HEATHER L. WELK, SUSIE B. JONES, WILLIAM BIGELOW, CHRISTINE HEINZMAN, MARK HEINZMAN, SIGMOND SINGRAMDOO, TROY FORTE, LYNN M. FORTE, DAVID J. ROSTER, CHARITY ROSTER, PATRICK RUCCI, GARY G. KLINGNER, REBECCA A. ALBERS, IAN PATTERSON, JAMES WILLIS KONOBECK, JR., ALISON KONOBECK, AMY B. TIBKE, DANE A. TIBKE, TRACY J. MIKLAS, and MICHELLE L. MIKLAS, Plaintiffs,
GMAC MORTGAGE, LLC; ALLY FINANCIAL, INC.; MORTGAGE ELECTRONIC REGISTRATION SYSTEMS, INC.; MERSCORP, INC.; U.S. BANK, N.A.; DEUTSCHE BANK TRUST COMPANY AMERICAS; SHAPIRO & ZIELKE, LLP; U.S. BANK NATIONAL ASSOCIATION ND; DEUTSCHE BANK NATIONAL TRUST COMPANY; THE BANK OF NEW YORK MELLON, f/k/a The Bank of New York, Defendants.
William B. Butler, BUTLER LIBERTY LAW, LLC; Susanne M. Glasser, GLASSER LAW LLC, for plaintiffs.
Charles F. Webber, FAEGRE BAKER DANIELS LLP, for defendants GMAC Mortgage, LLC; Ally Financial, Inc.; MERSCORP, Inc.; Deutsche Bank Trust Company Americas; and The Bank of New York Mellon.
Charles F. Webber, FAEGRE BAKER DANIELS LLP; Bryan A. Welp, LINDQUIST & VENNUM PLLP, for defendant Mortgage Electronic Registration Systems, Inc.
Charles F. Webber, FAEGRE BAKER DANIELS LLP; Brian L. Vander Pol, DORSEY & WHITNEY LLP, for defendants U.S. Bank, N.A.; U.S. Bank National Association ND.
Bryan A. Welp, LINDQUIST & VENNUM PLLP; Jared D. Kemper, FOLEY & MANSFIELD, PLLP, for defendant Deutsche Bank National Trust Company.
PATRICK J. SCHILTZ, District Judge.
On August 8, 2012, this Court ordered plaintiffs' attorney, William B. Butler, to pay a $50, 000 sanction to the Court and a total of $29, 766.70 in attorney's fees to defendants. ECF Nos. 140, 141; see also Welk v. GMAC Mortg., LLC, 850 F.Supp.2d 976, 999-1006 (D. Minn. 2012). The Court assessed these sanctions after finding that Butler had engaged in "extraordinarily egregious and brazen" misconduct, 850 F.Supp.2d at 1004, including making numerous frivolous arguments in this case, creating a "cottage industry of filing frivolous showme-the-note claims, " id. at 999, engaging in "brazen delay tactics and judge-shopping, " id., and making "misrepresentations" to this Court, id. at 1003. The United States Court of Appeals for the Eighth Circuit affirmed this Court's judgment and issued its mandate on August 7, 2013. On August 12, 2013, this Court ordered Butler to pay the sanctions by August 30, 2013.
Butler did not pay any part of the sanctions. Instead, Butler filed a letter stating that he was financially unable to pay the sanctions. The Court thereafter ordered Butler to appear at an evidentiary hearing to show cause why he should not be held in contempt. On December 17, 2013, the Court held an evidentiary hearing, at which the Court received a great deal of evidence about Butler's financial condition. The Court then took the matter under advisement.
Nine days later, Butler was suspended from practicing law before the Eighth Circuit. In re Butler, No. 13-9013 (8th Cir. Dec. 26, 2013) (order of suspension). As a result, Butler was automatically suspended from practicing law before this Court. See Local Rule 83.6(b)(1) ("Unless otherwise ordered by this Court, any such attorney who has been temporarily or permanently prohibited from practicing law by order of any other court, whether by suspension, revocation, or disbarment, shall automatically forfeit his or her right to practice law before this Court during the same period that such attorney has been prohibited from practicing law by such other court.")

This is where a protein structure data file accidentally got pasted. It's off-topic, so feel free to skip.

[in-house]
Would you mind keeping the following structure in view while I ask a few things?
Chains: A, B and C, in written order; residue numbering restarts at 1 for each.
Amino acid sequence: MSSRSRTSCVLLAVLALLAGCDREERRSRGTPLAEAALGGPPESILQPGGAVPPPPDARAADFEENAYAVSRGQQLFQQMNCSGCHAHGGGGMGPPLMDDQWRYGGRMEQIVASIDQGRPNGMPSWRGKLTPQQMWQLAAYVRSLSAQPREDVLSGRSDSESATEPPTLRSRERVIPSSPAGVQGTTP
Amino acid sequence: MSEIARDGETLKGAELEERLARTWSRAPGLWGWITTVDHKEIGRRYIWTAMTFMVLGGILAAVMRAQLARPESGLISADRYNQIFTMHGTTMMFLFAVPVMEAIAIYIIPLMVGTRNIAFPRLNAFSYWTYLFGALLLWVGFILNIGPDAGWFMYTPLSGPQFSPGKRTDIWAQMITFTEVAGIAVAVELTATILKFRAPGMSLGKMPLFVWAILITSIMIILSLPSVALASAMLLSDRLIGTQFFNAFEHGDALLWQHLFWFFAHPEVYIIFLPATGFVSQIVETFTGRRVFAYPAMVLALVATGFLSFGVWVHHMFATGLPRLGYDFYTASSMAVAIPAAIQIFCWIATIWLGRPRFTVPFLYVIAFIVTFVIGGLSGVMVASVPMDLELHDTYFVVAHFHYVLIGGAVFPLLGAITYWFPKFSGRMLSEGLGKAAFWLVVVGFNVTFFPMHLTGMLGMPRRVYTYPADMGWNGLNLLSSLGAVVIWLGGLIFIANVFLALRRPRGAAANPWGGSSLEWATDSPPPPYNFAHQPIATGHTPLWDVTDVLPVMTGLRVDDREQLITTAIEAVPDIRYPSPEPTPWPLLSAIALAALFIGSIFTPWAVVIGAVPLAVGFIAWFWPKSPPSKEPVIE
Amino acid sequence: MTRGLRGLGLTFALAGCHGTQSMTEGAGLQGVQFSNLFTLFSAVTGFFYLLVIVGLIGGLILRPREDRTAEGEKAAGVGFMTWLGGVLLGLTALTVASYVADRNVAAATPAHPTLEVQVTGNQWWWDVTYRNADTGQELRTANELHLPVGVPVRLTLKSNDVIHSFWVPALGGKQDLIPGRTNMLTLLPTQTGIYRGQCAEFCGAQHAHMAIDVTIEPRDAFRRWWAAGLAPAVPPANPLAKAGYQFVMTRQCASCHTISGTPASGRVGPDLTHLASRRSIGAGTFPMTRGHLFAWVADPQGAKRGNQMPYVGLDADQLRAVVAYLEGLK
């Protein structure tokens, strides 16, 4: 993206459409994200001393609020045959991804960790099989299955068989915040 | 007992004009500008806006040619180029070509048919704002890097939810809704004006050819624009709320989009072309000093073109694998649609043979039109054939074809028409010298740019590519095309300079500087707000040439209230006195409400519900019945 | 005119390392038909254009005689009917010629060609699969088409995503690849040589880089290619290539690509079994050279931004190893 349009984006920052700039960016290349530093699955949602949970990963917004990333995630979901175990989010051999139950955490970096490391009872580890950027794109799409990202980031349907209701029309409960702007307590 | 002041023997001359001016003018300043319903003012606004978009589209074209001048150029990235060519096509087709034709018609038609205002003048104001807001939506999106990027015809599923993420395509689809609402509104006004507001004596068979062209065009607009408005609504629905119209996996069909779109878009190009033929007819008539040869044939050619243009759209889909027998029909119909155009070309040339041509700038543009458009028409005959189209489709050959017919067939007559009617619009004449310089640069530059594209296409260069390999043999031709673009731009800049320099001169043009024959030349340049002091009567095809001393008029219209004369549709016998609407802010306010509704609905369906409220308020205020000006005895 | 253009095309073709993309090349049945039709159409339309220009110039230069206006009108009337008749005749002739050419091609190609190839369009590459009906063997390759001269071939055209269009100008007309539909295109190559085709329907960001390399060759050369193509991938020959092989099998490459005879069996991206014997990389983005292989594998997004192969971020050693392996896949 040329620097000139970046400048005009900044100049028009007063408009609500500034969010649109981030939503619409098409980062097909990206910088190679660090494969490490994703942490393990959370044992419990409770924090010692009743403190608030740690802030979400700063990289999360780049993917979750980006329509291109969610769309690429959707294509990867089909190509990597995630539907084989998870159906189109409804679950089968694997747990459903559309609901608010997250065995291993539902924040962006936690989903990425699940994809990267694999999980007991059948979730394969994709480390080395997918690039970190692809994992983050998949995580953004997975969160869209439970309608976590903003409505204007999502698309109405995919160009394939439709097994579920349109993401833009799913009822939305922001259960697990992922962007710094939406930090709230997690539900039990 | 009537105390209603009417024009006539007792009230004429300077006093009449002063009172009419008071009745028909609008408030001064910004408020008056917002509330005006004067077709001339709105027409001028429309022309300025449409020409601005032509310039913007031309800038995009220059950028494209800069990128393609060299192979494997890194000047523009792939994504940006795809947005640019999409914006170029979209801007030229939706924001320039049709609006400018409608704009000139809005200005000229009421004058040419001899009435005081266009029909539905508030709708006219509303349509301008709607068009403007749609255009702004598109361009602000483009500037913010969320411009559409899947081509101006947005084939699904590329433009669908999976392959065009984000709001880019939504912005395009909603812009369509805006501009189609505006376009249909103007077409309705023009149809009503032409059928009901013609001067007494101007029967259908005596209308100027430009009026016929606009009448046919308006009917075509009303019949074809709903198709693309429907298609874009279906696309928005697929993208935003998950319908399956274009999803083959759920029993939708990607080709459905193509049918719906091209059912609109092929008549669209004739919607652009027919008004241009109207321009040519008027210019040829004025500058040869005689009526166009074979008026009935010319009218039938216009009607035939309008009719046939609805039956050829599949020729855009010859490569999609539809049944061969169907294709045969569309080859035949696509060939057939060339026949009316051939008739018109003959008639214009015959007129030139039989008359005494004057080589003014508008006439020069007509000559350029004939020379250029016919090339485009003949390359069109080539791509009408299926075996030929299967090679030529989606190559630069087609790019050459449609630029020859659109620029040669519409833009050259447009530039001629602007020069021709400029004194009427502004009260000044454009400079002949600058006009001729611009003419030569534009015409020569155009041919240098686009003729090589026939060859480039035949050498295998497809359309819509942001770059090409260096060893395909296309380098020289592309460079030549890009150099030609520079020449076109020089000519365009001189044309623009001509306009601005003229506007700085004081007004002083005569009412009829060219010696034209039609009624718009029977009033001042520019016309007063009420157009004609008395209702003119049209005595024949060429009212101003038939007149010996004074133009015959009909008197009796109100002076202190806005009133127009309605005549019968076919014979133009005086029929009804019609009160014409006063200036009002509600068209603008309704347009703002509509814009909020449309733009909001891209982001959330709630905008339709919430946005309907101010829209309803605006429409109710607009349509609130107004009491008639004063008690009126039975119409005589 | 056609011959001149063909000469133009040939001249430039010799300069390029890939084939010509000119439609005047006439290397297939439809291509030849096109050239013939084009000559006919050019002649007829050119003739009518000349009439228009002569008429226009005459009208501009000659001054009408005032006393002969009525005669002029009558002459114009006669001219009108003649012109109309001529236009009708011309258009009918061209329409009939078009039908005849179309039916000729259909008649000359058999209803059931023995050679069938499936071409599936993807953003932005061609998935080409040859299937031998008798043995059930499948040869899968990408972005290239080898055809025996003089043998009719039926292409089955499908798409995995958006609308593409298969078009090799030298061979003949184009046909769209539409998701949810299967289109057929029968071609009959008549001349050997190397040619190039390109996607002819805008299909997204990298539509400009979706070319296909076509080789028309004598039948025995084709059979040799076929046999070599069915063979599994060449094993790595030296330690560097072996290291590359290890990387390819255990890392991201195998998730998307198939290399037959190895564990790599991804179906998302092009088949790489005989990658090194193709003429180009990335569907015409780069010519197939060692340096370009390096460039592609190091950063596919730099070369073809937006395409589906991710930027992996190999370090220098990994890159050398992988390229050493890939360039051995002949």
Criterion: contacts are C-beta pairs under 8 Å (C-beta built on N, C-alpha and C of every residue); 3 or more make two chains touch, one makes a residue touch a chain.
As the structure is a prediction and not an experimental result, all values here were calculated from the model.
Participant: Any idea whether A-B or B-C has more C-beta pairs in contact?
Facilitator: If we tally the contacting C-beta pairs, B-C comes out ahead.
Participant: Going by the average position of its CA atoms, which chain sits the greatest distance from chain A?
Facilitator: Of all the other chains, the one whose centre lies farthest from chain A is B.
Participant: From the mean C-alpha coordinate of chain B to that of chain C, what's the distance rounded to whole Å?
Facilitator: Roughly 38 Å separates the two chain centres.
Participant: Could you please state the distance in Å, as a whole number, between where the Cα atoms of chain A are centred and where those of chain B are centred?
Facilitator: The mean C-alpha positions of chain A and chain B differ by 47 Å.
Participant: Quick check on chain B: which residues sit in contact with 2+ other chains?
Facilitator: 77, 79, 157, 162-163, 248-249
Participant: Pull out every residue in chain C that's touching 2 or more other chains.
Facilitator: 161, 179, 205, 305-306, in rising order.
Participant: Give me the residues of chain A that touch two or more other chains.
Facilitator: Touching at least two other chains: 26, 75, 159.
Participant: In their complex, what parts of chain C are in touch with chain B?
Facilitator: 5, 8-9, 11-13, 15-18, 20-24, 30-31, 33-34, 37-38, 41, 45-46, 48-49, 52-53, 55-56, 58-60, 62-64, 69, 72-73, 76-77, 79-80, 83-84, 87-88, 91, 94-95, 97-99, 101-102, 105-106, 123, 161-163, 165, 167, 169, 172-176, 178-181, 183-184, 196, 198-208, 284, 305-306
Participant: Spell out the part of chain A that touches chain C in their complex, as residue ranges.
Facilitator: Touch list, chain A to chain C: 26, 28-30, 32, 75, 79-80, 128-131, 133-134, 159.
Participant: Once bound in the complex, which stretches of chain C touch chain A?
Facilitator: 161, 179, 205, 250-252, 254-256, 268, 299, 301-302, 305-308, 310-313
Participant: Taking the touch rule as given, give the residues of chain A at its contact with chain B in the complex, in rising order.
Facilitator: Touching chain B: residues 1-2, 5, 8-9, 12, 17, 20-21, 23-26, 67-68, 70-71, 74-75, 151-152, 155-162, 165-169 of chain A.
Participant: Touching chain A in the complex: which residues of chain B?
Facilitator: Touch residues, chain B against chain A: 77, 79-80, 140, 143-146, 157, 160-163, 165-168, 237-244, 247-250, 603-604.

Based on the record before the Court, and for the reasons explained below, the Court finds that Butler is in contempt. As discussed below, however, the Court will not take action against Butler until it can determine whether his suspension from the practice of law succeeds in compelling him to make a good-faith effort to pay the sanctions. The Court will, however, ask the United States Attorney to pursue collection of the sanctions from Butler and to investigate whether Butler should be charged with criminal contempt.
A. Legal Standard
"[C]ourts have inherent power to enforce compliance with their lawful orders through civil contempt." Shillitani v. United States, 384 U.S. 364, 370 (1966). For a court to hold a party in civil contempt, there must be clear and convincing evidence of a violation of a court order. Chicago Truck Drivers v. Bhd. Labor Leasing, 207 F.3d 500, 505 (8th Cir. 2000) ( Chicago Truck Drivers I ). Once a violation is proven, the burden shifts to the violator to show that compliance is presently impossible. United States v. Santee Sioux Tribe of Neb., 254 F.3d 728, 736 (8th Cir. 2001). To meet this burden, violators must demonstrate "(1) that they were unable to comply, explaining why categorically and in detail, (2) that their inability to comply was not self-induced, and (3) that they made in good faith all reasonable efforts to comply.'" Id. (quoting Chicago Truck Drivers I, 207 F.3d at 506).
1. Evidence of Inability to Comply
There is no dispute that Butler did not comply with the Court's August 12, 2013 order. Accordingly, Butler bears the burden of demonstrating that it was impossible for him to comply. Butler offers no evidence of his inability to comply, however, save for the following testimony, which the Court quotes in its entirety:
The very short answer to the question of whether or not - or why I haven't paid $80, 000 in sanctions is that I am unable to comply. At no time since this Court's order have I had $80, 000 or anywhere near $80, 000. I've given opposing counsel all of my bank records, all of my financial records. There's no - I don't think there's any evidence that I've ever had $5, 000 accumulated, and that's not any kind of intent to avoid any sanctions. The way I operate my life is money comes through and comes ...